Anglo-American Connections in Japanese Chemistry: The Lab as Contact Zone

Hardcover | December 18, 2013

byYoshiyuki Kikuchi

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Anglo-Japanese and American-Japanese connections in chemistry had a major impact on the institutionalization of scientific and technological higher education in Japan from the late nineteenth century and onwards. They helped define the structure of Japanese scientific pedagogical and research system that lasted well into the post-World World II period of massive technological development, when it became one of the biggest providers of chemists and chemical engineers in the world next to Europe and the United States. In telling this story, Anglo-American Connections in Japanese Chemistry explores various sites of science education such as teaching laboratories and classrooms - where British and American teachers mingled with Japanese students - to shed new light on the lab as a site of global human encounter and intricate social relations that shaped scientific practice.

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Anglo-Japanese and American-Japanese connections in chemistry had a major impact on the institutionalization of scientific and technological higher education in Japan from the late nineteenth century and onwards. They helped define the structure of Japanese scientific pedagogical and research system that lasted well into the post-World...

Yoshiyuki Kikuchi is Associate Professor at the Graduate University for Advanced Studies (Sokendai), Hayama, Japan. He has published extensively on the history of Japanese chemistry in the nineteenth and twentieth centuries and its global contexts. He previously taught at the Massachusetts Institute of Technology, USA, and Harvar...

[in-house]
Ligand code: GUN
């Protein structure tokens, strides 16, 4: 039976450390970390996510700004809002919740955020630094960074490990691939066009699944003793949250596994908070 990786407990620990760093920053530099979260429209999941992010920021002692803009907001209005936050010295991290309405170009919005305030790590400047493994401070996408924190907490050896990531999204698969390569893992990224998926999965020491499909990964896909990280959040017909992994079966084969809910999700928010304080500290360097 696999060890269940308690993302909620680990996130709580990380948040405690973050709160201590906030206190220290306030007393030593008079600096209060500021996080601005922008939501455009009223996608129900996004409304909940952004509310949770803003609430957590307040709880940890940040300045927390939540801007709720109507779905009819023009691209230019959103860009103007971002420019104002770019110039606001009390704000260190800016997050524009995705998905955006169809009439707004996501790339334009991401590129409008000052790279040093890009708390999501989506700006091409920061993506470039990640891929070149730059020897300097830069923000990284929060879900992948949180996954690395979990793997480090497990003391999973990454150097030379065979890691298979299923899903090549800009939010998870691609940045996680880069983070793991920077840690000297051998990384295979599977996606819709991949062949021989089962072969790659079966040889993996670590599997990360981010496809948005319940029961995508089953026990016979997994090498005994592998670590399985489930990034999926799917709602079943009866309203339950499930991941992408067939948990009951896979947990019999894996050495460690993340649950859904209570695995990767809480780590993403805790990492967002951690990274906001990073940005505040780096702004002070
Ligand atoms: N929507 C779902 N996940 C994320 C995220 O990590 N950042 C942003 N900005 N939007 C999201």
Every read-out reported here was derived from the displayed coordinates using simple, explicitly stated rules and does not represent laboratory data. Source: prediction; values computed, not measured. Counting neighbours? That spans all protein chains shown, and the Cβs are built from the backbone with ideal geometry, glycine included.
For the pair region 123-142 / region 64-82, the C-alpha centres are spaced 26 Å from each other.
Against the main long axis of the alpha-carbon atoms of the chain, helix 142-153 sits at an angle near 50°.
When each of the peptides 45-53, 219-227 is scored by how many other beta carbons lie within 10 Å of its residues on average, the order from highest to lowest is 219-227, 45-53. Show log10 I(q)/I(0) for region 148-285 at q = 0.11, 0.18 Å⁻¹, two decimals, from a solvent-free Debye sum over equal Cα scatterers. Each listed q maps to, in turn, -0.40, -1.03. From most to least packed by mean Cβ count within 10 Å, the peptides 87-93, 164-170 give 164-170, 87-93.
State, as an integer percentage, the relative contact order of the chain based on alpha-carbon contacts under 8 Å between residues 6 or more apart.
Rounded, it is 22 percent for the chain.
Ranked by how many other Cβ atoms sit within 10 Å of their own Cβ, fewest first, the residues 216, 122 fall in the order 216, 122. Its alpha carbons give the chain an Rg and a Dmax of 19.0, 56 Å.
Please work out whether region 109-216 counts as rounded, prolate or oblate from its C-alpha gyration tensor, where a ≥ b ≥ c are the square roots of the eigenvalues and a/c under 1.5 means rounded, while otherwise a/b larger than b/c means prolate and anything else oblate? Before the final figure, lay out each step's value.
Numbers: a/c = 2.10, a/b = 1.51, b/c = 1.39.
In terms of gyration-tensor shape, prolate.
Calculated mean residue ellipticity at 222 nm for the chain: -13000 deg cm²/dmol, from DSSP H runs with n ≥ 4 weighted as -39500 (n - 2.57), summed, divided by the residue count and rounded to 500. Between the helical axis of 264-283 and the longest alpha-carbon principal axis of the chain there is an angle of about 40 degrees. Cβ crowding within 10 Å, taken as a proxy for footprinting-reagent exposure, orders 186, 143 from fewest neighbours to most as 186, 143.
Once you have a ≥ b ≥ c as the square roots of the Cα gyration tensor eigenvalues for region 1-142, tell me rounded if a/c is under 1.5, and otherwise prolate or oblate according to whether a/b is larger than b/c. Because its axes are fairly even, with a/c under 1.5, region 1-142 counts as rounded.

Format:HardcoverDimensions:300 pages, 11.14 × 5.73 × 0.58 inPublished:December 18, 2013Publisher:Palgrave MacmillanLanguage:English

The following ISBNs are associated with this title:

ISBN - 10:0230117783

ISBN - 13:9780230117785

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Table of Contents

1. Japanese Chemistry Students in Britain and the United States in the 1860s
2. American and British Chemists and Lab-based Chemical Education in Early Meiji Japan
3. The Making of Japanese Chemists in Japan, Britain, and the United States
4. Defining Scientific and Technological Education in Chemistry in Japan, 1880-1886
5. Constructing a Pedagogical Space for Pure Chemistry at the Imperial University
6. Making Use of a Pedagogical Space for Pure Chemistry
7. Connecting Applied Chemistry Teaching to Manufacturing
Epilogue: Departure from Meiji Japanese Chemistry

Editorial Reviews

'In this fluent account of the dynamic interplay between individual English and American chemists and their Japanese students in three continents, Kikuchi provides a vivid analysis of how different styles of teaching and research affected attitudes to pure and applied chemistry. His brilliant demonstration of the different cultural functions of professors and assistants, and of the laboratory as a two-way contact zone for cultural exchanges, provides an important model for historians of chemistry.' - William Brock, Emeritus Professor of History of Science, University of Leicester, UK